Toronto’s waste management calendar gets lost in translation

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In all fairness, the city of Toronto believed they were doing something that would endear them to their diverse residents but instead ended up causing confusion.

Recently the city’s 2020 waste management calendar was mailed out to hundreds of thousands of homes, attempts to be inclusive by providing information in English, French, Tamil, Chinese, Spanish, and Portuguese. However, what was supposed to be information written in Tamil is actually just a bunch of gibberish.

“We see many places, the order of the letters are mixed up; and then in some places we see letters that don’t exist in the Tamil alphabet,” said Neethan Shan, the executive director at the Urban Alliance on Race Relations in an interview with a local media outlet.

“It’s insulting. Many of our communities have faced huge amounts of discrimination and loss of life trying to protect our languages. It also sends the wrong message to the community that the language is not respected.”
There are also issues with the Farsi translation in the calendar. A section that claims to be written in Farsi script, which is the Persian alphabet, is actually written mostly in Arabic font.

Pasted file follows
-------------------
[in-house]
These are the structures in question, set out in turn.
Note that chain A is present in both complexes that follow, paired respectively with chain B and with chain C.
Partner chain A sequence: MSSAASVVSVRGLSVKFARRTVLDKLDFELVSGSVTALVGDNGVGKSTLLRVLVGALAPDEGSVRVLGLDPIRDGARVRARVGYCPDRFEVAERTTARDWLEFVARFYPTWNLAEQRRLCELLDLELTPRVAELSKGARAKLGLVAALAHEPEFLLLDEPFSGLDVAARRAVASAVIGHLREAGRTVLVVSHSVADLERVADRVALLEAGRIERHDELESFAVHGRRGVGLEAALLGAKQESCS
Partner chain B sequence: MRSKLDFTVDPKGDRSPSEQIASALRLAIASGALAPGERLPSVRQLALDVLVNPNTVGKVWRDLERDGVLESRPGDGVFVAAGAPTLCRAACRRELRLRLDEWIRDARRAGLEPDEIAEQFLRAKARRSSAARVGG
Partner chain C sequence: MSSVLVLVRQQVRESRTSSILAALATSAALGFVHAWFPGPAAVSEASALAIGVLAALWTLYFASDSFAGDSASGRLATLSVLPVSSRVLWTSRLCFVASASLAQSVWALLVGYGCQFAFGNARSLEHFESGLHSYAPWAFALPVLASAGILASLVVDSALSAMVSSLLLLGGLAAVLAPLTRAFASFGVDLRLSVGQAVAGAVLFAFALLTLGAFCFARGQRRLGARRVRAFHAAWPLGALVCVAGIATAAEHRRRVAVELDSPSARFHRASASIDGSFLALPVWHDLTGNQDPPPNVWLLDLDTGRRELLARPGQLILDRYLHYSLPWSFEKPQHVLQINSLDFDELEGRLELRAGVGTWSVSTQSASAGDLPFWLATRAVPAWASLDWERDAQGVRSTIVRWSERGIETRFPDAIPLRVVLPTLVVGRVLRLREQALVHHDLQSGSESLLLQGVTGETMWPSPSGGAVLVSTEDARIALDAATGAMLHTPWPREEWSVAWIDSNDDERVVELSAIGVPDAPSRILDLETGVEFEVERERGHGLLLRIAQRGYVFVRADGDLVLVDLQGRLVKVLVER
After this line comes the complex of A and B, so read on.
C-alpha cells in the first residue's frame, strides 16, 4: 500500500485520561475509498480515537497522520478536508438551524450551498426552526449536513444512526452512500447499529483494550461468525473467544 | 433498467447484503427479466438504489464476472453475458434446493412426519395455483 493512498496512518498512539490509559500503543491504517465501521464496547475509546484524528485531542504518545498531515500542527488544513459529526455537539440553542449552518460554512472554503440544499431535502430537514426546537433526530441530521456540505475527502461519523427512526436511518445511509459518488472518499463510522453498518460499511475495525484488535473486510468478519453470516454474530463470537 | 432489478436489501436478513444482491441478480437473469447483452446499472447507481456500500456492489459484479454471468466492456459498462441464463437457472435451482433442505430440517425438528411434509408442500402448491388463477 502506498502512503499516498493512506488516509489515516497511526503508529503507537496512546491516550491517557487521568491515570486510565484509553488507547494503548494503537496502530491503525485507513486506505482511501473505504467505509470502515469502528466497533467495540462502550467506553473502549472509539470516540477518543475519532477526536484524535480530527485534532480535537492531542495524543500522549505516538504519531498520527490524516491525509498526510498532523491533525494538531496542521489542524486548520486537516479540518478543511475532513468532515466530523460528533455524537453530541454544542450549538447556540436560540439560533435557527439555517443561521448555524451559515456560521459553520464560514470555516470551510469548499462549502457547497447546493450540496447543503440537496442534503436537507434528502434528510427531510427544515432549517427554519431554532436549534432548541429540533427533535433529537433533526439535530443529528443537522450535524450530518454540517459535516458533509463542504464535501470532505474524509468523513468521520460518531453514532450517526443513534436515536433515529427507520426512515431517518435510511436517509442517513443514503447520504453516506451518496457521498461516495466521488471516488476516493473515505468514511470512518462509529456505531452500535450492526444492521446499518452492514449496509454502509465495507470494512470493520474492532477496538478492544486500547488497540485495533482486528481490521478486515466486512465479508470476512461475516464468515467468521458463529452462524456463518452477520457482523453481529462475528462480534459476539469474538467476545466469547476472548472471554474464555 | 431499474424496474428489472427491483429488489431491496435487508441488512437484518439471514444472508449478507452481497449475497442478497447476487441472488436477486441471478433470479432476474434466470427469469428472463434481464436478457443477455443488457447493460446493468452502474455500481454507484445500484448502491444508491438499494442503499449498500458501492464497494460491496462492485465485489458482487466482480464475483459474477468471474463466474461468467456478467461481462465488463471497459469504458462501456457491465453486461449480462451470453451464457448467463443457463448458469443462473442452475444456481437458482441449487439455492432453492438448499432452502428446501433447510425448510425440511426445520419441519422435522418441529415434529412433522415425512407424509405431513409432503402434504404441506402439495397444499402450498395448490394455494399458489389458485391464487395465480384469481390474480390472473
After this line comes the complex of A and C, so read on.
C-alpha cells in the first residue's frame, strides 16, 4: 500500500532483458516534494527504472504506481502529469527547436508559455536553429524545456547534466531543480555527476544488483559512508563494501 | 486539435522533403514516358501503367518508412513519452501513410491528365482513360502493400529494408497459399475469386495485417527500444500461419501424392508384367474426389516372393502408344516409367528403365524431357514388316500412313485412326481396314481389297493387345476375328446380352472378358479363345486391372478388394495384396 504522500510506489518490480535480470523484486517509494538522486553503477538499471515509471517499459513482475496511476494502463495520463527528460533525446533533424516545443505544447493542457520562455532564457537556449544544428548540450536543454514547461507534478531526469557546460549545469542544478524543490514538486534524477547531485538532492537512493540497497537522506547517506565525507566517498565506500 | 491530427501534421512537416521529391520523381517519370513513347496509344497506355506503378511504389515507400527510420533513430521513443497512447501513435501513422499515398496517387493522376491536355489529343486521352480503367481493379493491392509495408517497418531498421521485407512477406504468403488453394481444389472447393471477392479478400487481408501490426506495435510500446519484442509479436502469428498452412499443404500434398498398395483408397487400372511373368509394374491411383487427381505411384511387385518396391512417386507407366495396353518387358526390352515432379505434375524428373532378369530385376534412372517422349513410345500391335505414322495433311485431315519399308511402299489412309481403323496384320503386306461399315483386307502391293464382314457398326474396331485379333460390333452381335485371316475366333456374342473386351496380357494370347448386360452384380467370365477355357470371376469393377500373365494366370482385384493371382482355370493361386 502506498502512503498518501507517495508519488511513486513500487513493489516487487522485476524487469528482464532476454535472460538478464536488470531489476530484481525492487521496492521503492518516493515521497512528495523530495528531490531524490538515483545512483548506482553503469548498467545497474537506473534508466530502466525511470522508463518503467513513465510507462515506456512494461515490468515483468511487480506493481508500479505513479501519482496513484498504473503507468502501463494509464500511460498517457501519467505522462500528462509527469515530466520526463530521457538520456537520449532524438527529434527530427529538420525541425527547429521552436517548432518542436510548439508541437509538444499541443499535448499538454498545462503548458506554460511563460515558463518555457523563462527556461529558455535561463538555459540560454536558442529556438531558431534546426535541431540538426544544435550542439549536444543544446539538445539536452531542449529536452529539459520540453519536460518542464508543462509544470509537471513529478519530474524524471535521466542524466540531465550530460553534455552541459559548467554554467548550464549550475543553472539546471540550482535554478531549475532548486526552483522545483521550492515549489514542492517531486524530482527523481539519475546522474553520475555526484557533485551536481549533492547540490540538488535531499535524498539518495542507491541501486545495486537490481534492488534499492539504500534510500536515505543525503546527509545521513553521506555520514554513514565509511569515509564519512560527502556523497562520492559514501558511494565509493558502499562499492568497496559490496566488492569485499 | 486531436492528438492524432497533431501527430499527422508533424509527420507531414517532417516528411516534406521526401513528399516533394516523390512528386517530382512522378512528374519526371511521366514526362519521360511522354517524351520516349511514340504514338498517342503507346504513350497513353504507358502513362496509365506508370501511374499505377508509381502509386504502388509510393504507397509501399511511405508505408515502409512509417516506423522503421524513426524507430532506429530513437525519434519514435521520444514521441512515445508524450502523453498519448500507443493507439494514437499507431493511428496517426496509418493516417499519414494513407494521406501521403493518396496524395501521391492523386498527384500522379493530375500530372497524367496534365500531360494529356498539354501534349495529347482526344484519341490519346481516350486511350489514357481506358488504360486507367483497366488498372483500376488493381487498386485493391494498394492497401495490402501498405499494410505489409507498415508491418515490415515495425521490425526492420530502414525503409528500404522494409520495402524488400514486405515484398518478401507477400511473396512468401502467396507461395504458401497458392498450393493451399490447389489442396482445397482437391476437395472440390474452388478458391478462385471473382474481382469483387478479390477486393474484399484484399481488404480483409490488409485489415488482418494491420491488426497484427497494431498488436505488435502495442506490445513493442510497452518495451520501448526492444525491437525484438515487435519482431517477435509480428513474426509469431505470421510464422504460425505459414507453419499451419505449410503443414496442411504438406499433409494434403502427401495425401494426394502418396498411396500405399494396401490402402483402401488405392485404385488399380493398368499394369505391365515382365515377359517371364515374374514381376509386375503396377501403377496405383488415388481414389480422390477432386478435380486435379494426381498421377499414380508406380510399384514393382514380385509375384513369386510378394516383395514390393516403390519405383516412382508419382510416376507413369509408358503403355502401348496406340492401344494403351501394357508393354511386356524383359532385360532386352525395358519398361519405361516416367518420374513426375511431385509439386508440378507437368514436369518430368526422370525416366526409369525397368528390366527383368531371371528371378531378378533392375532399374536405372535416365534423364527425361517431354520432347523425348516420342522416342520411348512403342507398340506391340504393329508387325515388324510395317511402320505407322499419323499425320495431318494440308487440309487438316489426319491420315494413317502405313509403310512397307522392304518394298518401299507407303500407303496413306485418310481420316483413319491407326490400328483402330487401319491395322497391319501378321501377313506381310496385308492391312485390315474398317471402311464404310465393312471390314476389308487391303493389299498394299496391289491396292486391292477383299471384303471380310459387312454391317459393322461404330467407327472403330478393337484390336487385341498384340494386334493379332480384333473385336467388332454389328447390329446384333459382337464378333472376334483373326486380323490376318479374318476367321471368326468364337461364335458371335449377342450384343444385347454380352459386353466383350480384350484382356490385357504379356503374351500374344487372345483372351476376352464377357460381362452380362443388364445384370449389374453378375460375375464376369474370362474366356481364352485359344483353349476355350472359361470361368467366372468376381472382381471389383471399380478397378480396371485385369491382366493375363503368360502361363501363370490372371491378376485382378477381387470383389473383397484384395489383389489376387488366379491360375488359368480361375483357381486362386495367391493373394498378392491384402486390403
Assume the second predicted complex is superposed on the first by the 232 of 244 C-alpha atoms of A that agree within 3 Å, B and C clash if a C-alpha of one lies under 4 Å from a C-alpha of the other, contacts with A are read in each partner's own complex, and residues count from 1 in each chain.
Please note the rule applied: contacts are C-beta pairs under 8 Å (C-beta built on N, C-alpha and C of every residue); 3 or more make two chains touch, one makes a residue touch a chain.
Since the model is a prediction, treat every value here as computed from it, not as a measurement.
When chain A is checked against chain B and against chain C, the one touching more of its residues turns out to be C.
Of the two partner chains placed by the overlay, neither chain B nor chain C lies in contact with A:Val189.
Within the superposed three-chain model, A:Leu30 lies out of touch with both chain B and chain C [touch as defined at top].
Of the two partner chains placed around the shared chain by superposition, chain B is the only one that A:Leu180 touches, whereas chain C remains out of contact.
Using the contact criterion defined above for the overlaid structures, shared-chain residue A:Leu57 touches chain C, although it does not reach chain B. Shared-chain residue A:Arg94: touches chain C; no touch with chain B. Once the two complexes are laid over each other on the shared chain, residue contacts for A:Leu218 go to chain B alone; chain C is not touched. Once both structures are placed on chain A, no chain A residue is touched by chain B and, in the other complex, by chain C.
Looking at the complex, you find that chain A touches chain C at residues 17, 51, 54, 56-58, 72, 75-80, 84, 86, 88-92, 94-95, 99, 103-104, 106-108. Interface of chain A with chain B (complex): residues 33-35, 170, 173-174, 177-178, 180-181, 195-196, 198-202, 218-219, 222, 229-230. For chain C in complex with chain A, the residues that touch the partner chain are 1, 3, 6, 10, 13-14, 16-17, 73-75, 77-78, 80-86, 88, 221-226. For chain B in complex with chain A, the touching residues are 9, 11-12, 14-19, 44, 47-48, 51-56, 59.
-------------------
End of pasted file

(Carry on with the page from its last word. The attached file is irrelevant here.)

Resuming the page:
City spokesperson in a statement said: “A typesetting error has resulted in incorrect Tamil and Farsi translations in the city’s 2020 waste collection calendars and incorrect Tamil translation in the recent winter operations direct mail,” Ross wrote.

“The city apologizes for these errors and is immediately taking the necessary steps to ensure that translations are proofread and verified in final layout prior to being printed so such errors never happen again.” Ross said providing correct information in languages other than English allows diverse communities in Toronto to better access city services and programs, helps improve engagement with the city, and fosters inclusion for residents, groups and organizations.

While this gesture with sideways, it is clear that going forward all cities, not just Toronto could consider involving the community by getting its members fluent in the language involved in sharing ideas as well as proofreading copy before it finally goes out to the public.

Better still cities would be better off if they spent more time and resources on improving services rather than try to cater to dozens of languages with mixed results. -CINEWS

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